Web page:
Virtual Pilgrimage of the Black Madonna
The Black Madonna Goddess
Several weeks ago, I began taking a virtual pilgrimage of The Black Madonna with Dr. Christena Cleveland. The course is with Shift Network and advertised as a Virtual Pilgrimage, and is entitled Embody Your Sacred Wholeness Through The Black Madonna. After having a dream about the Black Madonna last year, I told a friend about this dream. This friend encouraged me to read Christena’s work. I devoured the book. This course built upon that book. Additionally it would be a virtual pilgrimage, and therefore it intrigued me. I had to take the course.
As I read Dr. Cleveland’s book last year, I began visiting Black Madonnas. The book served as my pilgrimage reading accompaniment. Iit gave me a different perspective on how to view these beloved statues. I had seen Black Madonnas before, but never truly understood their significance. From my perspective, I thought the Black Madonnas were simply another version of Mary. I assumed they were made from materials that were found in the area, such as volcanic rock. I didn’t comprehend the significance of what they entailed until reading this book.
Black Marys Virtual Pilgrimage
As I embarked on this virtual pilgrimage with Christena, we collectively explore seven different Black Madonnas. There are an average of sixty of us on these zoom calls weekly. Each class we dissect the historic background, images, and hear of Christena’s personal pilgrimage to visit these Black Madonnas. When she wrote the book, she embarked on a four hundred mile walking pilgrimage in France to uncover multiple versions of Her.
Dr. Cleveland gives the Black Madonnas various names such as She Who Cherishes Our Hot Mess or She Whose Thick Thighs Save Lives. What she realized in her pilgrimage journey, is that the locals would also give the Black Madonnas names as well. It’s part of the process. People come to Her with their problems, seeking resolve, and they lovingly name Her. Since then, Christena has made other pilgrimages to France, and other parts of the world devoting her life to what the Black Madonna represents.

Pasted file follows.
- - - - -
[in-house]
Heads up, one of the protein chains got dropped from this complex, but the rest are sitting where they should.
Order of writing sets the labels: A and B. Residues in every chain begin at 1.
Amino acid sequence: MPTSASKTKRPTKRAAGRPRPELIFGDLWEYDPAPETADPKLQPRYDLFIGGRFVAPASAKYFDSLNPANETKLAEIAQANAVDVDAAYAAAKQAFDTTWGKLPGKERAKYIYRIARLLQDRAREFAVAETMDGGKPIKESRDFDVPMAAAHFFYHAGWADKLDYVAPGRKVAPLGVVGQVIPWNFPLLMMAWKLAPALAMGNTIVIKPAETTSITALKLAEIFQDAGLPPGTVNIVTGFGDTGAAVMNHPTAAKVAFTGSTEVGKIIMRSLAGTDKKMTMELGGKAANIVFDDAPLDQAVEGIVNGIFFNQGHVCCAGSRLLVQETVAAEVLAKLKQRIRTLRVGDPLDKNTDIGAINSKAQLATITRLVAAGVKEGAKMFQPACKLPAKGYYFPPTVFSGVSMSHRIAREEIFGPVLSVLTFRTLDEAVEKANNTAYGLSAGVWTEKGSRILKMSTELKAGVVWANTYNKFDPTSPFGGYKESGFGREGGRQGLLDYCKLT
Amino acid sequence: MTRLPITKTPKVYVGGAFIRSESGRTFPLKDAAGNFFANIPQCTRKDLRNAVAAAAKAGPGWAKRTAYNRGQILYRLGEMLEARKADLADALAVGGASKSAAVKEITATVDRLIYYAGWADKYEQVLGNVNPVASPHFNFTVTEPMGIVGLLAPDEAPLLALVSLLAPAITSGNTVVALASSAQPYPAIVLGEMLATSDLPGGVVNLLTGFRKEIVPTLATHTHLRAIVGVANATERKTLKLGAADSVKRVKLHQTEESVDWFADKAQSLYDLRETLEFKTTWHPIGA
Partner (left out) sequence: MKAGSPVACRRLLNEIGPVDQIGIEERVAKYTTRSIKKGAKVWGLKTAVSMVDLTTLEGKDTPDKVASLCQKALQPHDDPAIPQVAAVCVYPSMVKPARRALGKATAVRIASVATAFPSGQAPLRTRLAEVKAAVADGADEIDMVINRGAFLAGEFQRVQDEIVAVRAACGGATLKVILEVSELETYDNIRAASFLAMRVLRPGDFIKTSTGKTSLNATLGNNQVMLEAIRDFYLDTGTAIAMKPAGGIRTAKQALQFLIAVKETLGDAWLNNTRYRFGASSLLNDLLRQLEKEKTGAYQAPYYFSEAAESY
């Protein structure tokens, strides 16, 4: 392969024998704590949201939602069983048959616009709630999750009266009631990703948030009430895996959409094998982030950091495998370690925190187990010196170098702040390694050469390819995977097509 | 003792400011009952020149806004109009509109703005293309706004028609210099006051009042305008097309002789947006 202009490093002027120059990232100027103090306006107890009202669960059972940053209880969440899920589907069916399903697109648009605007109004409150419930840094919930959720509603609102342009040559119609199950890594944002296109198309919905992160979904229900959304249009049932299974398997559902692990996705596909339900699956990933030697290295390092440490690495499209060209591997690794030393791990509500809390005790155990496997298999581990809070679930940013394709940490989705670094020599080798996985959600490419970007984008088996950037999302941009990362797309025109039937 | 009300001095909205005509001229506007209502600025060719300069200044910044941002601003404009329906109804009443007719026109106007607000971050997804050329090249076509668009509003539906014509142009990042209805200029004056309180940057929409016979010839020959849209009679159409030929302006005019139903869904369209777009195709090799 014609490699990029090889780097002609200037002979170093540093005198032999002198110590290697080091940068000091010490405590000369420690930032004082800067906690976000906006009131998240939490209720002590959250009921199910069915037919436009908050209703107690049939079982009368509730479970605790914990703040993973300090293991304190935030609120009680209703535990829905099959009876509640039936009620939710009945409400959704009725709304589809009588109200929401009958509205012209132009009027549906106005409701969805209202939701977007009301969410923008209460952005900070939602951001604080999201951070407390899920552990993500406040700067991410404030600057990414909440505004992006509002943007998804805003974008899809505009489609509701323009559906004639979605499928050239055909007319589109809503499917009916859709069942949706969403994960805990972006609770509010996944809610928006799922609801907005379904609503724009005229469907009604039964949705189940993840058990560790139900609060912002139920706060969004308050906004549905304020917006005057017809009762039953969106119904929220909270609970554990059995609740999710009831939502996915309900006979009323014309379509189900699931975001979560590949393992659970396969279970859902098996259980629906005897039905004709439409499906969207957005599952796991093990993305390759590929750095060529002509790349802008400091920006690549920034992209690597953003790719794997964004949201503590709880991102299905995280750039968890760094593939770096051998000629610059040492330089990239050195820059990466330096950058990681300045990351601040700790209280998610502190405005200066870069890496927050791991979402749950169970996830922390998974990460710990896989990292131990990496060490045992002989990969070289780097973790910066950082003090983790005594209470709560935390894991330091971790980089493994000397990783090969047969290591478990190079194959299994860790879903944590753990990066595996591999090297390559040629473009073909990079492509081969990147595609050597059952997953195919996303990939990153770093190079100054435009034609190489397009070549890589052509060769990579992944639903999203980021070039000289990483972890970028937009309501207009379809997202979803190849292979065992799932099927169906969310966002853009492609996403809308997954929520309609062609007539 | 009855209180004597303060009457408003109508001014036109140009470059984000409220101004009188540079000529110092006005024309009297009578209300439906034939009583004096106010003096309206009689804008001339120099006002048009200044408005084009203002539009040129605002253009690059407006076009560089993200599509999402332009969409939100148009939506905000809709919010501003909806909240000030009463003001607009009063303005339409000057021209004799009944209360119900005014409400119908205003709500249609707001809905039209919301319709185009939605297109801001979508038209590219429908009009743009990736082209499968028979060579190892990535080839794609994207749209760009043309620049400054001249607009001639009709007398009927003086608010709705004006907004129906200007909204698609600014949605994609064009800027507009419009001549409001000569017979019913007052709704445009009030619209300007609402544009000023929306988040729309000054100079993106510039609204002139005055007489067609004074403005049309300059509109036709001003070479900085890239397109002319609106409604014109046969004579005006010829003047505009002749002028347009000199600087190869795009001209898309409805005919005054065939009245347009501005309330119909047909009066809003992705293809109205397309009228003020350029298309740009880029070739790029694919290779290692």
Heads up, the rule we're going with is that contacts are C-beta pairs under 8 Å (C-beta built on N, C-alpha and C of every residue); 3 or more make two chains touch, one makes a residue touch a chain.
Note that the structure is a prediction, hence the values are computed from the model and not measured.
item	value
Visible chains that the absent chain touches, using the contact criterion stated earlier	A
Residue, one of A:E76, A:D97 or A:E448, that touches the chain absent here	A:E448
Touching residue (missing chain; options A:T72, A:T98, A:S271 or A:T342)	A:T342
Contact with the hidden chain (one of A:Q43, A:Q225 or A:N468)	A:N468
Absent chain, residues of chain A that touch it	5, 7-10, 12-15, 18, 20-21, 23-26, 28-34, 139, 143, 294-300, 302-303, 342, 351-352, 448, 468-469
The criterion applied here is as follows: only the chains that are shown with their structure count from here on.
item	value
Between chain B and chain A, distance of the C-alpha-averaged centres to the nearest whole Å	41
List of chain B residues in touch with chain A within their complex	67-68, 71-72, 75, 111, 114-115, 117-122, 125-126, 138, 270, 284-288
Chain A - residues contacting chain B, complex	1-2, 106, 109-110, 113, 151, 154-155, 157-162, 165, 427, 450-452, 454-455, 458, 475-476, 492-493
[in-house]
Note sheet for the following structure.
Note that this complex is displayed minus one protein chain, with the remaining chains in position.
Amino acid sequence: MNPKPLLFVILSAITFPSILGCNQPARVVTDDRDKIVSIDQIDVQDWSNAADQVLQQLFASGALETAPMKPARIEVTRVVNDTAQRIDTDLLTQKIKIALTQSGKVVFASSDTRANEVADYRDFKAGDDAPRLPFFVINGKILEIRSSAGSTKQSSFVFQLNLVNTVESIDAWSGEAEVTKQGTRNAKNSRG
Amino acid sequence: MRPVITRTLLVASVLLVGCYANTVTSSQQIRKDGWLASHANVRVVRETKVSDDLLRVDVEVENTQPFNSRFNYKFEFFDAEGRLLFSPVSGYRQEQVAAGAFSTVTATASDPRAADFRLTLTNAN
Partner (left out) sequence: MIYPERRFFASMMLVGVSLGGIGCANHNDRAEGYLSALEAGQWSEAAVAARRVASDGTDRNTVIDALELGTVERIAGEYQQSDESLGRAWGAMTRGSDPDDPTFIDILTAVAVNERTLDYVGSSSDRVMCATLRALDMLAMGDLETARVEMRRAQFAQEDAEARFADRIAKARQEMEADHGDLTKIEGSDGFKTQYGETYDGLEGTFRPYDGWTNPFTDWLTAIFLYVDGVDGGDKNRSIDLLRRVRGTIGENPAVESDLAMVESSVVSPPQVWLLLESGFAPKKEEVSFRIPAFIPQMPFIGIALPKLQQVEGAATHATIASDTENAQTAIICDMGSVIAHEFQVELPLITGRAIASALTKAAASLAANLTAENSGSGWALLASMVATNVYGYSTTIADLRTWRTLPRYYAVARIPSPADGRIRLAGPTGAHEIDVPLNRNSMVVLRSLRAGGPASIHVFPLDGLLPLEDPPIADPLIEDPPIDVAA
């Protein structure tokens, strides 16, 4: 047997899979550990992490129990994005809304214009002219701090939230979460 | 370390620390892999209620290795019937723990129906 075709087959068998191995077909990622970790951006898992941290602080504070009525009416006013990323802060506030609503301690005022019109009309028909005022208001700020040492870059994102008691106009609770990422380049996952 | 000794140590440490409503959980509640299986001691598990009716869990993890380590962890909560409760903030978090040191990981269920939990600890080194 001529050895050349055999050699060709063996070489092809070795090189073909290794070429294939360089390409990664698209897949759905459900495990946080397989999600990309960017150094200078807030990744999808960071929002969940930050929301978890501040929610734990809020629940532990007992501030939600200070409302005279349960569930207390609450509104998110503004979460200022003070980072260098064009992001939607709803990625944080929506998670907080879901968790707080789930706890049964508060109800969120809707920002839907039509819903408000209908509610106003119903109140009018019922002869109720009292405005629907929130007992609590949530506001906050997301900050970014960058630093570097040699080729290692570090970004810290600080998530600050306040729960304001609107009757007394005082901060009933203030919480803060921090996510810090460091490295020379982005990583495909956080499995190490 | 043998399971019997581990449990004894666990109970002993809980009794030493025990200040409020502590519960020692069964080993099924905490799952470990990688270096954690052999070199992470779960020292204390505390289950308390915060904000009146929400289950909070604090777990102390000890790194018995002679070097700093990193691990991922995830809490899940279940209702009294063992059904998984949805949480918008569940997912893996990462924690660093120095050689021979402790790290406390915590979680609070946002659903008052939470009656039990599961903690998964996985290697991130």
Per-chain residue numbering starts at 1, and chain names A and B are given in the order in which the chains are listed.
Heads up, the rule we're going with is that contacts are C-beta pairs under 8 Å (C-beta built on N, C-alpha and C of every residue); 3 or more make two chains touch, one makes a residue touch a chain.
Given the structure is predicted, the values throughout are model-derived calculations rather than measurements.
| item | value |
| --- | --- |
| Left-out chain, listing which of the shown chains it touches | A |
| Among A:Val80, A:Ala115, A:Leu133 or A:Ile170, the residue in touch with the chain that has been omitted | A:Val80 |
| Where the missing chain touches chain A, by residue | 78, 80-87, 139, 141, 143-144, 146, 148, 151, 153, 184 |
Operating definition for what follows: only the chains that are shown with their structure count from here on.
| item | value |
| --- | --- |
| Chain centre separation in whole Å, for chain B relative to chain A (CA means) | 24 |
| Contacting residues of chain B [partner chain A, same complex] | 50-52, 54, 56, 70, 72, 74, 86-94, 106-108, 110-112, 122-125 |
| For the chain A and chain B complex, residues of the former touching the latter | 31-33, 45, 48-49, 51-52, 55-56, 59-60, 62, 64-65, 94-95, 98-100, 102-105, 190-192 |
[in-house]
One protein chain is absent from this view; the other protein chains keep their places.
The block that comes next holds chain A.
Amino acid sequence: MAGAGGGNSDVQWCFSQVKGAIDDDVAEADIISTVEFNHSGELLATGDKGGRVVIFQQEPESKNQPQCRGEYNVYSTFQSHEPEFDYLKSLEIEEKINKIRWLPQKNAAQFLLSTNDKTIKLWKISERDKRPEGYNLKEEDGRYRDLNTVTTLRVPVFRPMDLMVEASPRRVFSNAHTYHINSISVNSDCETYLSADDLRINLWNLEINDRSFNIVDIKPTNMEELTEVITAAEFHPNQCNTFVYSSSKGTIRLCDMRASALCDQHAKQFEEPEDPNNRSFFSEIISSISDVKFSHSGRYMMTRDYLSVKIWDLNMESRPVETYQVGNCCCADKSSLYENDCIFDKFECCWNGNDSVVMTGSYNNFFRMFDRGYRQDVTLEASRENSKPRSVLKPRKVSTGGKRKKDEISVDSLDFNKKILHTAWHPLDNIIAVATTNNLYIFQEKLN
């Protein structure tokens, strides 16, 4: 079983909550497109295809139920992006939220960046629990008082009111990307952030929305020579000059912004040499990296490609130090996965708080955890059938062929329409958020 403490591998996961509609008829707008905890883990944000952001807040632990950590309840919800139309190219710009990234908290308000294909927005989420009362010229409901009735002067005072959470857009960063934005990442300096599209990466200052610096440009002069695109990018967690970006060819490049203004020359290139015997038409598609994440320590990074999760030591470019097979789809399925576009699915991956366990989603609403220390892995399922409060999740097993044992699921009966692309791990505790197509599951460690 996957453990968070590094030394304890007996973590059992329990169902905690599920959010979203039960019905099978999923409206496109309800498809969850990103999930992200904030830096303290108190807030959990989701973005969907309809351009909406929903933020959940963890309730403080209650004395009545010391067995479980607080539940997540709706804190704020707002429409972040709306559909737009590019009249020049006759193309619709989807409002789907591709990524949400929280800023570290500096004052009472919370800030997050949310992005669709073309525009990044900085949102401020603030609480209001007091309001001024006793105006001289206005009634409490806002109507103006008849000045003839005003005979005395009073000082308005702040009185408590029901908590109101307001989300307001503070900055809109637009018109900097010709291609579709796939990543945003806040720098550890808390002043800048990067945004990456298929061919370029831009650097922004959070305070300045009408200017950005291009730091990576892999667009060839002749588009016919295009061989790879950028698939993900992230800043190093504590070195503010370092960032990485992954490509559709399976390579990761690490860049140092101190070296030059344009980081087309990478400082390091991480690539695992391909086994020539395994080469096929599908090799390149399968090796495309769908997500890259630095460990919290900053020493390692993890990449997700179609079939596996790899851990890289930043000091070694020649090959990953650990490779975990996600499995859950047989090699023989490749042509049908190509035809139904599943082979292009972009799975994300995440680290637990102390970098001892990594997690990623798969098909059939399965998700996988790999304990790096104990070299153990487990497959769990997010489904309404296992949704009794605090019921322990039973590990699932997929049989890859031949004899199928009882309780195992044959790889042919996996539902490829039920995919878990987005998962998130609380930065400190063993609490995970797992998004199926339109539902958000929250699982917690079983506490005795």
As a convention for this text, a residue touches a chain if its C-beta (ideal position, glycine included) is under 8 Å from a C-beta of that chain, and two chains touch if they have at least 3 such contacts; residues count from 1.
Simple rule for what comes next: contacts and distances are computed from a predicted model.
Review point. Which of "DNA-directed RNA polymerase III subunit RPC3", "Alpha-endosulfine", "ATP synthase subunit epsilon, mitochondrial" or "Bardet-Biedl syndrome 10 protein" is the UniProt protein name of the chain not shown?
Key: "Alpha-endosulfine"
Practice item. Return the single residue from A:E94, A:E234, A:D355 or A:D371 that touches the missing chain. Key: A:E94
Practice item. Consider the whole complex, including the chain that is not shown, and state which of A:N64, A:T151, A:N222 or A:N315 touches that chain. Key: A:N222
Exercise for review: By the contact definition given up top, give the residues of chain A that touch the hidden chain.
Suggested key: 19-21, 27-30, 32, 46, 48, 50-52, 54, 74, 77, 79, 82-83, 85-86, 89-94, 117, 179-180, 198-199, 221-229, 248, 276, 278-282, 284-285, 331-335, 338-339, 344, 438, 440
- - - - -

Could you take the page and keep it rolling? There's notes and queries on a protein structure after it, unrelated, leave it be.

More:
Me and The Black Madonna
As someone who is multiracial and brought up Catholic, I did feel as if God was this other entity unreachable from me. He was external, loving, judgmental, but didn’t look like me. I viewed him as Christena did “fatherskygod.” Over my spiritual awakening process and my exposure to other faces of God and religion, I began to feel included in God’s warmth, more particularly the goddess. It’s interesting that I now have returned to another aspect of Catholicism. The Black Madonna. I could relate to her, she looks like me, is inclusive of me, and is accessible. The work of Christena serves as a reminder of the various ways we can include the Black Madonna in our daily lives through our questions, our longing for acceptance, compassion, and simply wanting to be seen and heard. She is there for us.
I am only halfway through the course, and this summer am embarking on a group pilgrimage to see several Black Madonnas in Italy. This journey will incorporate dance, sacred song, and pilgrimage. It combines numerous aspects that I love, and I cannot wait to see how She will continue to show up in my life.
“At Her magical spring, She redefines the concept of healing. She doesn’t promise to eradicate our need (so we can then fit into whitemalegod’s concept of who’s valuable). Instead, She offers to heal our relationship to our body. She reconnects our head and body so we can know how we feel and what we need, begin to ask people for what we need, and start to bild communiteis based on meeting need rather than scoffing at it.”-God is a Black Woman, Dr. Christena Cleveland
To find out about Dr. Christena Cleveland’s programs, check out her website https://www.christenacleveland.com . To locate a Black Madonna in your area go here https://www.interfaithmary.net/black-madonna-introduction. Want to learn more about preparing for pilgrimage? Go to my previous blog post here https://amodernpilgrimage.com/top-5-things-you-need-when-preparing-for-a-pilgrimage/